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Shrirangapattana (also spelled Shrirangapattana; anglicized to Seringapatam during the British Raj) is a town in Mandya district of the Indian state of Karnataka. It is located near the city of Mysore and is of great religious, cultural and historic importance.
The town takes its name from the celebrated Ranganathaswamy temple which dominates the town, making Srirangapattana one of the most important Vaishnavite centers of pilgrimage in south India. The temple was built by the Ganga dynasty rulers of the area in the 9th century; the structure was strengthened and improved upon architecturally some three centuries later. Thus, the temple is a medley of the Hoysala and Vijayanagar styles of temple architecture.
Tradition holds that all the islands formed in the Kaveri River are consecrated to Sri Ranganathaswamy, and large temples have been built in very ancient times dedicated to that deity on the three largest islands. These three towns, which constitute the main pilgrimage centers dedicated to Ranganathaswamy, are:
The presence of the Kaveri River is in itself considered auspicious and sanctifying. The Paschima Vaahini section of the Kaveri at Srirangapattana is considered especially sacred; the pious come from far and wide to immerse the ashes of the departed and perform obsequies to their ancestors in these waters.
Srirangapattana has since time immemorial been an urban center and place of pilgrimage. During the Vijayanagar empire, it became the seat of a major viceroyalty, from where several nearby vassal states of the empire, such as Mysore and Talakad, were overseen. When, perceiving the decline of the Vijayanagar empire, the rulers of Mysore ventured to assert independence, Srirangapattana was their first target. Raja Wodeyar vanquished Rangaraya, the then viceroy of Srirangapattana, in 1610 and celebrated the Navaratri festival in the town that year. It came to be accepted in time that two things demonstrated control and signified sovereignty over the Kingdom of Mysore by any claimant to the throne:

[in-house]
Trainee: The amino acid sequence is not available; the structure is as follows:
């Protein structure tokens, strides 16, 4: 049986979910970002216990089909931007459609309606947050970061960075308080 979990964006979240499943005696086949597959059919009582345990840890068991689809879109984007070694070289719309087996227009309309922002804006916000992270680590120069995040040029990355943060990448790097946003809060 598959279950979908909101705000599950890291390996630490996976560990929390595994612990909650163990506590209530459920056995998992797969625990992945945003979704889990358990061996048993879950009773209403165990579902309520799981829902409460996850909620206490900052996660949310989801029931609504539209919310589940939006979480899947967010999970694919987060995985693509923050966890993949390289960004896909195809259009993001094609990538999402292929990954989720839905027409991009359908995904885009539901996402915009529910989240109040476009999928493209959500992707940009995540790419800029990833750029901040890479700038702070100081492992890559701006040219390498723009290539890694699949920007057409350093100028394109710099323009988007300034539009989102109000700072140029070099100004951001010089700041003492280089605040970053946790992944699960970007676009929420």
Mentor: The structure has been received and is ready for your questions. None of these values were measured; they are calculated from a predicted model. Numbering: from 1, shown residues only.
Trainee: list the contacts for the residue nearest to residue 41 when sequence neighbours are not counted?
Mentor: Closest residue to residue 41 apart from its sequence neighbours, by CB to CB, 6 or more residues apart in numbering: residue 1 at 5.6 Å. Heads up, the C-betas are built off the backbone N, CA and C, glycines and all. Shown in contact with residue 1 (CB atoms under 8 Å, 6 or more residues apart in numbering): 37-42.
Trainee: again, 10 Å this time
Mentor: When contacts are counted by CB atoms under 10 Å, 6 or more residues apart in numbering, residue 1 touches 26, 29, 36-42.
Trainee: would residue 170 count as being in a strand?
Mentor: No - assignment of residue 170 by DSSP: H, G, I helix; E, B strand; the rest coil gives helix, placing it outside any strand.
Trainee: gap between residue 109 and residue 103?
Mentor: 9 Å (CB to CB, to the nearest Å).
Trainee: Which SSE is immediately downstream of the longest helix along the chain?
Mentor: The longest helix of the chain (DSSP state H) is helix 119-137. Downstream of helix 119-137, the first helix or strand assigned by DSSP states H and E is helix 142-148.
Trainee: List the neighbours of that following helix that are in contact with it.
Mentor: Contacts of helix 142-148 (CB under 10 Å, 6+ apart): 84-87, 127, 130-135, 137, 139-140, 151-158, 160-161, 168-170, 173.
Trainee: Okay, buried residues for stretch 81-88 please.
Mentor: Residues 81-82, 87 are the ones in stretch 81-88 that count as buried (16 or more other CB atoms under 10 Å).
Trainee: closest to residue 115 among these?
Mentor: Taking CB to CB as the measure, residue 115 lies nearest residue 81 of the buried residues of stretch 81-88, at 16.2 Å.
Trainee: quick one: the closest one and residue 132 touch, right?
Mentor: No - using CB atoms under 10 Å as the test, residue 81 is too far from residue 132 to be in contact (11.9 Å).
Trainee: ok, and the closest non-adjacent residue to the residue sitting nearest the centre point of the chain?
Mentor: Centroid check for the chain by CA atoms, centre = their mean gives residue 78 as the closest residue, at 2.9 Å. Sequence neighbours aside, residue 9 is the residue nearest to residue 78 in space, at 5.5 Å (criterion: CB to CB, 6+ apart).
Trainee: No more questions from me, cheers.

Srirangapattana remained part of the Kingdom of Mysore from 1610 to after India's independence in 1947; as the fortress closest to the capital city of Mysore, it was the last bastion and defence of the kingdom in case of invasion.
Hyder and Tipu
Srirangapattana became the de facto capital of Mysore under Hyder Ali and Tipu Sultan. When Tipu finally dispensed with the charade of deference to the legitimate Wodeyar Maharaja who was actually his captive, and proclaimed the "Khudadad State" under his own kingship, Srirangapattana became de jure the capital of that short-lived political entity. In that heady period, the state ruled by Tipu extended its frontiers in every direction, encompassing a major portion of South India. Srirangapattana flourished as the cosmopolitan capital of this powerful state. Various Indo-Islamic monuments that dot the town, such as Tipu Sultan's palaces, the Darya Daulat and the Jumma Maseedi (Friday congregational mosque), date from this period.
Battle of Seringapatam, 1799
Srirangapattana was the scene of the last and decisive battle fought between Tipu Sultan and a combined force of 50,000 men provided equally by the Nizam of Hyderabad and the British under the overall command of General George Harris. This battle was the last engagement of the Fourth Anglo-Mysore War. The Battle of Seringapatam, 1799, was truly momentous in its historic effects.
In any event, Tipoo Sultan was killed within the fort of Seringapatam, betrayed by one of his own confidants; the spot where he ultimately fell is marked by a memorial. For the last time in history, Seringapatam had been the scene of political change in the Sultanate of Mysore. The joint forces of the victorious army proceeded to plunder Seringapatam and ransack Tipu's palace. Apart from the usual gold and cash, innumerable valuables and objets d'art, not excepting even the personal effects of Tipoo Sultan, his rich clothes and shoes, sword and firearms, were shipped to England.
While most of this is now to be found in the British Royal Collection and in the Victoria and Albert Museum, some articles have occasionally become available at auctions and have been retrieved for their native land. The sword of Tipu Sultan has been acquired by Vijay Mallya, a liquor baron from Karnataka, who purchased the same at a Sotheby's auction.
Much of the site of the Battle is still intact including the ramparts, the Water Gate, the place where the Tippu Sultan's body was found, the area where the British prisoners were held and the site of the destroyed palace.
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